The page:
For workers’ sake, we can’t repeat coal mine mistakes in our green transition

Workers need planning. re-training and consultation.

Sue Ferns is the senior deputy general secretary of the Prospect trade union.

The UK is facing a prolonged period of industrial change and upheaval if we are to have a shot at meeting our target of net zero greenhouse gas emissions by 2050.

Millions of jobs will be impacted by changes in how we produce and distribute energy, changes to transportation and heating systems, and changes to how our homes and workplaces are built and maintained.

Workers in many existing roles will need be reskilled or supported to transition to new jobs in the emerging green economy, and we’ll need to ensure that workers in carbon intensive sectors are not left behind in the push to decarbonise.

But, as highlighted in a new joint report by the Alex Ferry Foundation (AFF) and the Prospect and Community trade unions, the UK’s recent experience of managing industrial transition has not been a positive one.

The report, authored by Professor David Coats, looks at two case studies; the shutting of some of the UK’s last coal-fired power stations over the last decade, and the closure of the Redcar steelworks in 2015. 

These examples offer some stark lessons for government. In both cases a lack of advance planning and coordination, the absence of any kind of agreed national framework for managing disruptive change, inadequate support for retraining and relocation, and a failure to engage with workers and local communities at an early stage, had severe consequences for many workers.

In both cases, only a minority of the original workforce ended up in good-quality jobs following the transition, and many were forced to take low paid, insecure work in wholly unrelated industries. 

But, things needn’t have ended up that way. As the report makes clear, there are positive examples from elsewhere in the world of how industrial transitions have been far better managed, with comprehensive support for workers and early community engagement put in place.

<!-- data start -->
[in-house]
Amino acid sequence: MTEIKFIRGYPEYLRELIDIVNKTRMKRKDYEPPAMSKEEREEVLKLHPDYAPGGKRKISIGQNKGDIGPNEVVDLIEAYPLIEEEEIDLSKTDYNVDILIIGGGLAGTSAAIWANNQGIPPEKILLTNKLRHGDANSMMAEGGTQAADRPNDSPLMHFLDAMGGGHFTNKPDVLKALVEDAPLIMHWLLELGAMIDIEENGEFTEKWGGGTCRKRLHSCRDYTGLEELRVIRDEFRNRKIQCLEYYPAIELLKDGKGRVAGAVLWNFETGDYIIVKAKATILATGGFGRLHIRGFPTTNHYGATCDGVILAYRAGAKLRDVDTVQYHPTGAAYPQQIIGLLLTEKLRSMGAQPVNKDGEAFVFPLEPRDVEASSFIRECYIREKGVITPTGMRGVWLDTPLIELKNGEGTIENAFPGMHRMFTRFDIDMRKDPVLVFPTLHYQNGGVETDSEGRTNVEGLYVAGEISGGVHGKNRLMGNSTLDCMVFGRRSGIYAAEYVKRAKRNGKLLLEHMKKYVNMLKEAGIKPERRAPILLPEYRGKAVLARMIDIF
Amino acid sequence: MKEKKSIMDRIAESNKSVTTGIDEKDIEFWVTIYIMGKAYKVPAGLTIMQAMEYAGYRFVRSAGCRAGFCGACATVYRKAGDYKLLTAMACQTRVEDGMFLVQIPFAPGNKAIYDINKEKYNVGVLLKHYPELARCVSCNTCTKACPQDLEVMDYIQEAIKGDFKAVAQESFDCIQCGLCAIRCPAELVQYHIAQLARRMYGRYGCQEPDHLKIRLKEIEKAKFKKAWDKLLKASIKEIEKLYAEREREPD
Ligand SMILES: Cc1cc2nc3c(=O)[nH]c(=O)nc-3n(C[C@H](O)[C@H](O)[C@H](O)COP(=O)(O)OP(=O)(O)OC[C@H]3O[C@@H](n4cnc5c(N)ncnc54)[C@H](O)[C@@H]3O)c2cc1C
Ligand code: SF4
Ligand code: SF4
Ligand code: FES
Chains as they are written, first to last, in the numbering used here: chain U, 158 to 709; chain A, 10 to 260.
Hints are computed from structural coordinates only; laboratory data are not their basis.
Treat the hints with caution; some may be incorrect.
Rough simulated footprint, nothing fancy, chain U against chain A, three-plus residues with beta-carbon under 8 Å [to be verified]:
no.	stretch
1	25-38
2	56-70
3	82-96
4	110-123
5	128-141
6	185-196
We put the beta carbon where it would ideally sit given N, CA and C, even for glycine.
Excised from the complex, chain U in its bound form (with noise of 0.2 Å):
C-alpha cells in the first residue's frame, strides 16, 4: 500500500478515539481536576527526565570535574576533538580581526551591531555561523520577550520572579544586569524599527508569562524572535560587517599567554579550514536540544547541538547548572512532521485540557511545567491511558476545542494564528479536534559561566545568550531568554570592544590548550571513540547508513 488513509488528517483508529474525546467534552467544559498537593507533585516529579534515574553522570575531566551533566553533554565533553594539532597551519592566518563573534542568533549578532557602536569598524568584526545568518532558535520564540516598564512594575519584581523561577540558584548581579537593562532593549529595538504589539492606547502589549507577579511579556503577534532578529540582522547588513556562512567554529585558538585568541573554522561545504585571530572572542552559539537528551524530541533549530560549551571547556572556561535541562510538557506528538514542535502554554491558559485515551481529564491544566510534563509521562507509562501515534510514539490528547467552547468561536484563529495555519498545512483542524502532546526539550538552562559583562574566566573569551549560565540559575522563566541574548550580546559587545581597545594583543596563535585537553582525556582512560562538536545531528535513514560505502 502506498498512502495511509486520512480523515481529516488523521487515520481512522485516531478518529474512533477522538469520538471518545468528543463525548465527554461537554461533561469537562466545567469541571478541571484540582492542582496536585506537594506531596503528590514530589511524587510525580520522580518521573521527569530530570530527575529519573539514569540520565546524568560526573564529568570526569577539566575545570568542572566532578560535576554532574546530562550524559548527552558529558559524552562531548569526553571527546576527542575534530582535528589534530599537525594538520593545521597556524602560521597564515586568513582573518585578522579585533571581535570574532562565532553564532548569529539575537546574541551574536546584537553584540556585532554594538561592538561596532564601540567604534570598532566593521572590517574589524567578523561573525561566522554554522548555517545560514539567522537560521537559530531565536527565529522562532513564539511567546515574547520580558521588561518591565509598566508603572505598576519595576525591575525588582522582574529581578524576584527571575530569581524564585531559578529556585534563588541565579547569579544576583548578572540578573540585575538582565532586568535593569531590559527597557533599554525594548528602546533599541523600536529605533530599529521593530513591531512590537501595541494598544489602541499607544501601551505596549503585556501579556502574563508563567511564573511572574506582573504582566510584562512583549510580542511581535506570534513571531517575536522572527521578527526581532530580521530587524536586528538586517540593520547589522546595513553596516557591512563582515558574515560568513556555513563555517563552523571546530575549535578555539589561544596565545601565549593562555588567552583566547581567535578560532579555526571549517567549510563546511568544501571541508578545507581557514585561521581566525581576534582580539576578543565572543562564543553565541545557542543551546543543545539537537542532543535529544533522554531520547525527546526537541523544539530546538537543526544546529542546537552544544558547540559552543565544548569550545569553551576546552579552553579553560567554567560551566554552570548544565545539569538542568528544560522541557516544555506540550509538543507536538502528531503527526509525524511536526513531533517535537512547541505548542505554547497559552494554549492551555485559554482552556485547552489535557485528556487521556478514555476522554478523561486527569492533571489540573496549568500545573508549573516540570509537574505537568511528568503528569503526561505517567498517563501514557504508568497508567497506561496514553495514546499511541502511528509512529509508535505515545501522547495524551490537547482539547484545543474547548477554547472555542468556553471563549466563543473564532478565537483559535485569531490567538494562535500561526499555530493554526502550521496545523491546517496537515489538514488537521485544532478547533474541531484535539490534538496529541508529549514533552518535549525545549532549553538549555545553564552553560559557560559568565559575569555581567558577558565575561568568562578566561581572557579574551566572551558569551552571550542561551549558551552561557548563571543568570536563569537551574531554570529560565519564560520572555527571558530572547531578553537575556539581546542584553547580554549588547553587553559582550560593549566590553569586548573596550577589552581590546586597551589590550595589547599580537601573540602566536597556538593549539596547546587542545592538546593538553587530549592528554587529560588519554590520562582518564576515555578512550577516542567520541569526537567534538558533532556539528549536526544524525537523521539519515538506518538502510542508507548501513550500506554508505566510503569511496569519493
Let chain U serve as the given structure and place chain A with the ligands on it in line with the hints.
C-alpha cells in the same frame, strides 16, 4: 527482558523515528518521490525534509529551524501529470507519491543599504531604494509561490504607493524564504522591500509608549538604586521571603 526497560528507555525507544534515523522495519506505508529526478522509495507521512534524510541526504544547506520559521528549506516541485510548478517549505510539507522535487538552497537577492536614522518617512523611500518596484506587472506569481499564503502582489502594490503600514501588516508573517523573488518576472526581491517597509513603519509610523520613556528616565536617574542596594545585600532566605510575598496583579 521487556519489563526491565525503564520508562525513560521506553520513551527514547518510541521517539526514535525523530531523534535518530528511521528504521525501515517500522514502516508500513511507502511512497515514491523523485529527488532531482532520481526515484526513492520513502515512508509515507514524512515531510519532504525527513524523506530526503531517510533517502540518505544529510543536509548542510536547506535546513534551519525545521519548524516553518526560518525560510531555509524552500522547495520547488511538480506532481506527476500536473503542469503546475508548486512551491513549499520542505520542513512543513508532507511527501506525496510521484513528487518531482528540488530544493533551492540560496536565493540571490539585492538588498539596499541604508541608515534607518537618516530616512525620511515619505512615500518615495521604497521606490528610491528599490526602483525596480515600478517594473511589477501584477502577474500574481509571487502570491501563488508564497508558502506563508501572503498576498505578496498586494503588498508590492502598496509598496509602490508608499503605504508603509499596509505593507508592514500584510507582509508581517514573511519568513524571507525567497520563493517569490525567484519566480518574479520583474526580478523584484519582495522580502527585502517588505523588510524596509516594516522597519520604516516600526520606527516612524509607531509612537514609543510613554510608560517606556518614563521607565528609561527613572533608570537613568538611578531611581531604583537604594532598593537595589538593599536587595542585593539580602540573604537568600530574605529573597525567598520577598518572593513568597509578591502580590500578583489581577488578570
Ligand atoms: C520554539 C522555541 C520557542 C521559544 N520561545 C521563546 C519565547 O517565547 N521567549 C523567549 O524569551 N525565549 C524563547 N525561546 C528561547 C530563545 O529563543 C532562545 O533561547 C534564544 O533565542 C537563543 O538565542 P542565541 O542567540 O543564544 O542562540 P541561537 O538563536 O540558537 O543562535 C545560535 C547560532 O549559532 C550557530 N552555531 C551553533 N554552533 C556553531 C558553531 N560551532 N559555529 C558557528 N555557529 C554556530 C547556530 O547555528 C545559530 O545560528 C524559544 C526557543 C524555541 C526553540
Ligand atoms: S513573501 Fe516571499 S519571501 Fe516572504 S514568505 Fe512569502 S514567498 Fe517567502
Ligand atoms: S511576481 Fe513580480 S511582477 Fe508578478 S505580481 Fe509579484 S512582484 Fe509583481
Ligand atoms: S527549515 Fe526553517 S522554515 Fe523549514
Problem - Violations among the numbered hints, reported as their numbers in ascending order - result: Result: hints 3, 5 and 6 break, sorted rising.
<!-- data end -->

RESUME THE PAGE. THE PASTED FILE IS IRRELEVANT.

The example of coal transition in Germany shows that a social partnership approach that brings workers, employers and government together is absolutely crucial. This sort of approach can lead to the kind of collective framework for managing change that works for everyone and ensures no one is left behind.

Similarly, examples from Sweden and Austria show that instead of simply allowing our steel industry to die out in the face of international competition, an active strategy of supporting steel producers to transition to low-carbon production methods can protect jobs and ensure that economic value remains rooted in local communities.

In both the coal and steel comparator examples, a key lesson was the need to create collective frameworks for managing change at a sectoral or national level, whilst also giving local actors a strong voice in the process, and empowering them to make decisions appropriate to their communities.

These insights need to be taken seriously by the UK government. If the mistakes of recent coal and steel closures are to be avoided in future, a very different approach to managing change is essential.

As the report proposes, a good first step would be to establish a UK-wide Just Transition Commission that could facilitate a social partnership approach and ensure that future processes of industrial change in the UK meet the standards set out by the International Labour Organisation.

This isn’t something we can afford to keep getting wrong. The lasting legacy of coal mine closures in the 1980s and 1990s is a stark reminder of how enduring the damage can be if industrial change is not managed fairly.

The scale of the climate crisis will require bold action and disruptive social and economic transformation; if we want to ensure broad support for the measures necessary, and a fair distribution of the costs and benefits of the new green economy, then we must learn from the past and start making just transition a reality. 

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